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News of the Day ... In Perspective


NHS abandons computerized system for selecting junior doctors

After thousands of junior doctors marched in protest and filed a lawsuit that ultimately failed, the computerized Medical Training Application Service (MTAS) was sidelined. It will not be used for matching candidates to training posts but only for “national monitoring.”

“The Department of Health has at last seen sense and effectively abandoned the unfair, discredited, and shambolic MTAS system,” said Dr. Andrew Roland, vice chairman of the British Medical Association Junior Doctors Committee (Personneltoday.com 5/16/07).

Trainees suffered months of anxiety about the prospect of unemployment, as 30,000 applications were received for about 18,500 positions.

Then they saw all of their personal details—“a gold mine for identity theft and fraud”—exposed on the internet until a breach of computer security was repaired.

MTAS was part of the Modernising Medical Careers (MMC) program, which is supposed to “allow patients to be certain that the doctors treating them have demonstrated their competence against a set of explicitly defined criteria” (BMJcareers 10/22/05). It drastically cut the number of training posts.

The MTAS attempted to radically change the old system that analyzed applicants on the basis of examinations, research, extracurricular activities, and references. Instead, all candidates had to apply online through a system that frequently crashed. They were shortlisted on the basis of ability to write 150-word answers to “grossly deficient questions” that were compared to a daytime television game show (Guardian 3/29/07).

“I wouldn’t trust this system to select someone to water my plants,” wrote Dr. Max Pemberton. He was one of the lucky ones to be selected for an interview, which occurred in “a room filled with work stations manned by confused, bewildered looking interviewers…. It was clear they hadn’t read my form and knew nothing about me. Each asked a series of formulaic questions to which I had a few minutes to provide equally formulaic answers.”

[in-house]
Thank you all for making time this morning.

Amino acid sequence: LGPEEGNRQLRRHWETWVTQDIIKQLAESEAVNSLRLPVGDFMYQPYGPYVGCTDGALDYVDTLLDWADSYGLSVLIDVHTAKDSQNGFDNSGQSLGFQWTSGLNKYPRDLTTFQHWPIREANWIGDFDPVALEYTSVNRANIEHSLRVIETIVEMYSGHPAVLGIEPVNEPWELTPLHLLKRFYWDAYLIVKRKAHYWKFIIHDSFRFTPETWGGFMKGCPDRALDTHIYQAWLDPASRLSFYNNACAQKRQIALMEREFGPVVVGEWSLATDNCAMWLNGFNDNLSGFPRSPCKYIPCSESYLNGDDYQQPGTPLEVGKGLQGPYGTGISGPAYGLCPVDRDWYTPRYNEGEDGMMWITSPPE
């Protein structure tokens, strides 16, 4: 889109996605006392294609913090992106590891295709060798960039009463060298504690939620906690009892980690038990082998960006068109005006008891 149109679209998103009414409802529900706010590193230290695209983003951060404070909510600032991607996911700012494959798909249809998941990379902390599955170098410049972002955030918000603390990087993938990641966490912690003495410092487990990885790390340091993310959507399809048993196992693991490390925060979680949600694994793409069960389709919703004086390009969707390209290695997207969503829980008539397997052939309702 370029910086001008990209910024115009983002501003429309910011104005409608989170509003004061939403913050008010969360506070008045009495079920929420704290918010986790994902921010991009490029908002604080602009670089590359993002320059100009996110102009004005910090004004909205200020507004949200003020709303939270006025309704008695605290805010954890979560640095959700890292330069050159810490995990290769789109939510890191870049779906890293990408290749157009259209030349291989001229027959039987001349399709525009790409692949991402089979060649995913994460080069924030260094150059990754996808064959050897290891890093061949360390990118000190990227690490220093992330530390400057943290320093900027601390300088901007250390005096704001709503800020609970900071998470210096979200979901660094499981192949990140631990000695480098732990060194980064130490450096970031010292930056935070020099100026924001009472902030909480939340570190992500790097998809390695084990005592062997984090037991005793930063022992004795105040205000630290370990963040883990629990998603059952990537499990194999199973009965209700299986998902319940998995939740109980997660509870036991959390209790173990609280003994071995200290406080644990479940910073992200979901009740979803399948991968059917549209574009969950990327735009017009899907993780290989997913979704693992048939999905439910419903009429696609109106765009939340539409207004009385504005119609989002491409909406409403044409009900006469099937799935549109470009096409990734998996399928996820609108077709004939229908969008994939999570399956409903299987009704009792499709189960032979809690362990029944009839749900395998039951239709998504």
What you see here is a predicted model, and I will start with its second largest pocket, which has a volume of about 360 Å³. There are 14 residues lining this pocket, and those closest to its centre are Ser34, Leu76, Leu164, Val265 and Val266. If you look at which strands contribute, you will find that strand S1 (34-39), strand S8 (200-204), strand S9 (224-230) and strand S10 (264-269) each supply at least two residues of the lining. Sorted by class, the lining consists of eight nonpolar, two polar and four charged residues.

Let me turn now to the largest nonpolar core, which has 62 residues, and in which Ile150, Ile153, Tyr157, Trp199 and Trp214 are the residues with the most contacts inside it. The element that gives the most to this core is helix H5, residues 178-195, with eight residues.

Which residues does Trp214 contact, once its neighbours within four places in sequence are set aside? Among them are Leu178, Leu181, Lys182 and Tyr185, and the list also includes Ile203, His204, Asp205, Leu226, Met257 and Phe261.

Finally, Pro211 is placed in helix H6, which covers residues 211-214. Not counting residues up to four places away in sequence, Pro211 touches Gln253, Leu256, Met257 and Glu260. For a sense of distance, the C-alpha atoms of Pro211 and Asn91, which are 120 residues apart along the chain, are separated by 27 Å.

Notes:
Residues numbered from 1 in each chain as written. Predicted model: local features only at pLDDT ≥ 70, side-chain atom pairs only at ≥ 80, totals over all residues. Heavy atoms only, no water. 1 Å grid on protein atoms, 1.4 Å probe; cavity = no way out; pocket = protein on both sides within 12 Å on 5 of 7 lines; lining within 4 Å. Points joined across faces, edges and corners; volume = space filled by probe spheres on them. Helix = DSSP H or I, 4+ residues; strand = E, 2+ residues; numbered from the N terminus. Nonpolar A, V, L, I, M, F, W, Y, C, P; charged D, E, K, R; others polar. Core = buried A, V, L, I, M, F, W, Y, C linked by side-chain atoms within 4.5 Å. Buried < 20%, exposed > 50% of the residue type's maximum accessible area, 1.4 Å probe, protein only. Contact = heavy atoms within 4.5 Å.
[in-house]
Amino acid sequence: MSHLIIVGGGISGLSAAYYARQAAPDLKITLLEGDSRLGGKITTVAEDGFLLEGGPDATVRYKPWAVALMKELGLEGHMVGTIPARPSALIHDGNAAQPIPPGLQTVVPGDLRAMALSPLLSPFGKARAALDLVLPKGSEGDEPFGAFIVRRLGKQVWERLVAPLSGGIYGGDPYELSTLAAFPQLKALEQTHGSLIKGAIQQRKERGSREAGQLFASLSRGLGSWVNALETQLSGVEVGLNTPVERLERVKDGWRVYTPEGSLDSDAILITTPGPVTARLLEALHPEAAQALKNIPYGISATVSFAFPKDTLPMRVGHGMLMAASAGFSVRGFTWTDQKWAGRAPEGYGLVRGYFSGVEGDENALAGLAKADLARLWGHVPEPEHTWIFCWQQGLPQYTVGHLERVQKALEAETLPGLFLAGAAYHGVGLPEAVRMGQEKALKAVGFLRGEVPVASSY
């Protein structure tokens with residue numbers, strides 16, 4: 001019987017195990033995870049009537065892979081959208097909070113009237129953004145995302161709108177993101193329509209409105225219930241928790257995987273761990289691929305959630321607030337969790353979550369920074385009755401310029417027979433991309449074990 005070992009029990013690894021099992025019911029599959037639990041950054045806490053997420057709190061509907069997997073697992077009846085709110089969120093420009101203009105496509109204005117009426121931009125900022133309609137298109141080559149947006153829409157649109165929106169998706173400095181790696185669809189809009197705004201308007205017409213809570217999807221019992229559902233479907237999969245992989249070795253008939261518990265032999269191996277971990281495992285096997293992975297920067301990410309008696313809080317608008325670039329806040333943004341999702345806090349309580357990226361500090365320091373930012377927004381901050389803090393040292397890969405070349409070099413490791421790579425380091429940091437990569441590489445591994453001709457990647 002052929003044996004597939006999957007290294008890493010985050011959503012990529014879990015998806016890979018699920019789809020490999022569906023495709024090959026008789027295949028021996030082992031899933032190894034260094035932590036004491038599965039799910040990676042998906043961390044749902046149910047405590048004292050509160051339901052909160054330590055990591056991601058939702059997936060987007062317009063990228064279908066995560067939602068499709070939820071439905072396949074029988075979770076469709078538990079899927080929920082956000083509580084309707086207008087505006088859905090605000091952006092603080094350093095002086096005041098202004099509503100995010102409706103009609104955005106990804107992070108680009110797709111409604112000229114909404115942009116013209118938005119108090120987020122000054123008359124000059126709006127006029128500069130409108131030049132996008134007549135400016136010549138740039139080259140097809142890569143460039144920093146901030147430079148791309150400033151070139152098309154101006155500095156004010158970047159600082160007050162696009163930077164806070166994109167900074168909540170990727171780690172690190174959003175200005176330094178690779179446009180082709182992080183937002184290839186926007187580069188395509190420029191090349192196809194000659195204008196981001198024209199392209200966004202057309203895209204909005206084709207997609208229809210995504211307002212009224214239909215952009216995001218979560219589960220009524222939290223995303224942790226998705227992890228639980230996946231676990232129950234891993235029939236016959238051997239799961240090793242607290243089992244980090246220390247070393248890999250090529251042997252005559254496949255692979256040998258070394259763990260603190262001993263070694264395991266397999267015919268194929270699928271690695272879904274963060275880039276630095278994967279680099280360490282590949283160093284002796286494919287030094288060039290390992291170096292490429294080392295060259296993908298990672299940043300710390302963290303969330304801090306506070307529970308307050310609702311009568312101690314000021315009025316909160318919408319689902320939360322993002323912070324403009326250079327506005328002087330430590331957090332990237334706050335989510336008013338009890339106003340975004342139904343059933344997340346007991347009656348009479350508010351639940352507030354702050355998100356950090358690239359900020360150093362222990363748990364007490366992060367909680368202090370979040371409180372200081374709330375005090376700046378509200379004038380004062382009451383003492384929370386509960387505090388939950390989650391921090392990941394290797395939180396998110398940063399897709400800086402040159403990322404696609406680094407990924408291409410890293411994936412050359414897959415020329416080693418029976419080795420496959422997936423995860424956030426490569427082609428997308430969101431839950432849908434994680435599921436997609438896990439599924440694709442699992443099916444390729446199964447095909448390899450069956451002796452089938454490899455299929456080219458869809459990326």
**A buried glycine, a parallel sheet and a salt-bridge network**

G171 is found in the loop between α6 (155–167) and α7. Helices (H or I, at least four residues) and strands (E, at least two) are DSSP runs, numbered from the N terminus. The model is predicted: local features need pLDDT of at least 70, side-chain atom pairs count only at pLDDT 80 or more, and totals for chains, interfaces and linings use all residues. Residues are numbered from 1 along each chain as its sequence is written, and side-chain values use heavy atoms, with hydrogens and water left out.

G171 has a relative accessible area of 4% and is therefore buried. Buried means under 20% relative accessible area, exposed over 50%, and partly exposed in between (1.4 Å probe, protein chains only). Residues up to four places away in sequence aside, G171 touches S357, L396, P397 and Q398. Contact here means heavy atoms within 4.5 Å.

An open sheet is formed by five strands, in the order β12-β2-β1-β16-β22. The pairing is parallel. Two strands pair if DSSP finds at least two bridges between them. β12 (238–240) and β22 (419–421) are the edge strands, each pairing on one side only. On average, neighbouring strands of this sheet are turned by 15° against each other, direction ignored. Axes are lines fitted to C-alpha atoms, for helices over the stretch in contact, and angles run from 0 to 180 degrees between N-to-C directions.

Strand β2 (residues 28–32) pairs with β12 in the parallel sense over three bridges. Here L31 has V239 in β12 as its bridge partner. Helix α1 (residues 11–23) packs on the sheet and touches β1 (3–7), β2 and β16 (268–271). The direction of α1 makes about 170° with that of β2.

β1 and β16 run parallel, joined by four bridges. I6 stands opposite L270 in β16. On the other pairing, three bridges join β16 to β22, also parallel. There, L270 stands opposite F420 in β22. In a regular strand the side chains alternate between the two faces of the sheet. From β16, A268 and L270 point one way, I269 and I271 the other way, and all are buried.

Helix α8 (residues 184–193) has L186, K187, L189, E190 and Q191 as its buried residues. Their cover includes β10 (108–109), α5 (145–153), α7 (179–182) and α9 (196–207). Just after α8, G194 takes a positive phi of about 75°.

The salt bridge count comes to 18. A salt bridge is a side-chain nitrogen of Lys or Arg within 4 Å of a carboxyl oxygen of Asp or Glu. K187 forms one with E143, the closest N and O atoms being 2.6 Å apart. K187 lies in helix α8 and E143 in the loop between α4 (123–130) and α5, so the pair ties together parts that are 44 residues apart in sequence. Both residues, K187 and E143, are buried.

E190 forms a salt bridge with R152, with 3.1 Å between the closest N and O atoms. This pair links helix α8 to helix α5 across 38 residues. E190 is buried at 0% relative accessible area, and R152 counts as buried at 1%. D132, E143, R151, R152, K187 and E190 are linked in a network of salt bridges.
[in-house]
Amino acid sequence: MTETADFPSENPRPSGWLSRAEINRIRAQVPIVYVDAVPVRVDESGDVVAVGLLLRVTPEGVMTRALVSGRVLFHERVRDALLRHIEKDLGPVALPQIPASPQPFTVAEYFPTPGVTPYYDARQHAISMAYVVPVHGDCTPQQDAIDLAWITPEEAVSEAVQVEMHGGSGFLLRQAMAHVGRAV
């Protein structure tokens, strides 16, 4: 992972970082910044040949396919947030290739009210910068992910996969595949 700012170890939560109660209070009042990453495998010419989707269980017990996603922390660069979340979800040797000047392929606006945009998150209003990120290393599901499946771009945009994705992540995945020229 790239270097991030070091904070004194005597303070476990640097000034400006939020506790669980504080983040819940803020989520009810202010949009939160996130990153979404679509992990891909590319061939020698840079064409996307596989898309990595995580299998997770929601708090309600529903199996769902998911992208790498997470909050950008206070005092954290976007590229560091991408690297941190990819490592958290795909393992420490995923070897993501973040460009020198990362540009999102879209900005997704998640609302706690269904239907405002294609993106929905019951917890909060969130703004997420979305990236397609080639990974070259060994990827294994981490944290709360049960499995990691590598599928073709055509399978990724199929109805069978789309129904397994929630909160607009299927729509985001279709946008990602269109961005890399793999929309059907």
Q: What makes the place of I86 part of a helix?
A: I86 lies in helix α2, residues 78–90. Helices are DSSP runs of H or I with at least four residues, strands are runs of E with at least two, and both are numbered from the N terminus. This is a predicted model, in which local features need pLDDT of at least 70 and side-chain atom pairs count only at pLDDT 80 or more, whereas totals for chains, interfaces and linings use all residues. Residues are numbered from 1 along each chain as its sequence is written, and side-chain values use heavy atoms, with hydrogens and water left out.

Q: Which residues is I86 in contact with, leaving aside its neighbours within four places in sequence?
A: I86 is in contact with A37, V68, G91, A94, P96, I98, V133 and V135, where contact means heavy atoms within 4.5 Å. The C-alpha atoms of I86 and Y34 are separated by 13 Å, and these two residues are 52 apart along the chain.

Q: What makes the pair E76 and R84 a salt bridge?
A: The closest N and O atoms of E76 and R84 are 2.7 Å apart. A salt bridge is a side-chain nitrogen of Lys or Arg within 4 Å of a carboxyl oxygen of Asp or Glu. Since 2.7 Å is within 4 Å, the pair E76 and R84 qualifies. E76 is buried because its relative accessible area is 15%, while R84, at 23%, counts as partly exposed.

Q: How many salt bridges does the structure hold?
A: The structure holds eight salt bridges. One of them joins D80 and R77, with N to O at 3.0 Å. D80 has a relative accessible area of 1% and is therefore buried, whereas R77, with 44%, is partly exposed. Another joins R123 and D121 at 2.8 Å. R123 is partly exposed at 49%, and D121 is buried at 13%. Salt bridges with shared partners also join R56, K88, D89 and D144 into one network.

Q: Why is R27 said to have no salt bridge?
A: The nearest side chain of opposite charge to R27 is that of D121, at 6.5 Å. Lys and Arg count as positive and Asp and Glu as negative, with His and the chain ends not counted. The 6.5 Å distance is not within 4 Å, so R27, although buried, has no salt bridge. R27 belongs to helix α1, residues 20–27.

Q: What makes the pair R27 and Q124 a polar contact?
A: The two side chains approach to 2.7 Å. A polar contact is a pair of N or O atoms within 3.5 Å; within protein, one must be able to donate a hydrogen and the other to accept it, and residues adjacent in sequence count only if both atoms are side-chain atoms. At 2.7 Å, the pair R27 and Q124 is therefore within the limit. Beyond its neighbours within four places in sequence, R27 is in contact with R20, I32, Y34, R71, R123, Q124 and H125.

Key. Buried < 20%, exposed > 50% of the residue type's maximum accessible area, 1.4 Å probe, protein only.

Pemberton concluded that the process is “a clear attempt to undermine the medical profession; to ensure that we become compliant, unquestioning automatons in a system that can be presided over by managers and politicians” (Telegraph 3/13/07).

Besides the problem of morale being at an all-time low, Dr. Keir Greenhalgh wrote: “I cannot, and neither can any of my peers and seniors, including consultants, see how any hospitals will be able to function with such few staff as will be allocated” (Herald 6/3/07).

Doctors also complained that had almost no idea about the job description, salary, or location of the job they were applying for (Remedy UK 4/1/07).

Doctors will now be applying to individual deaneries.

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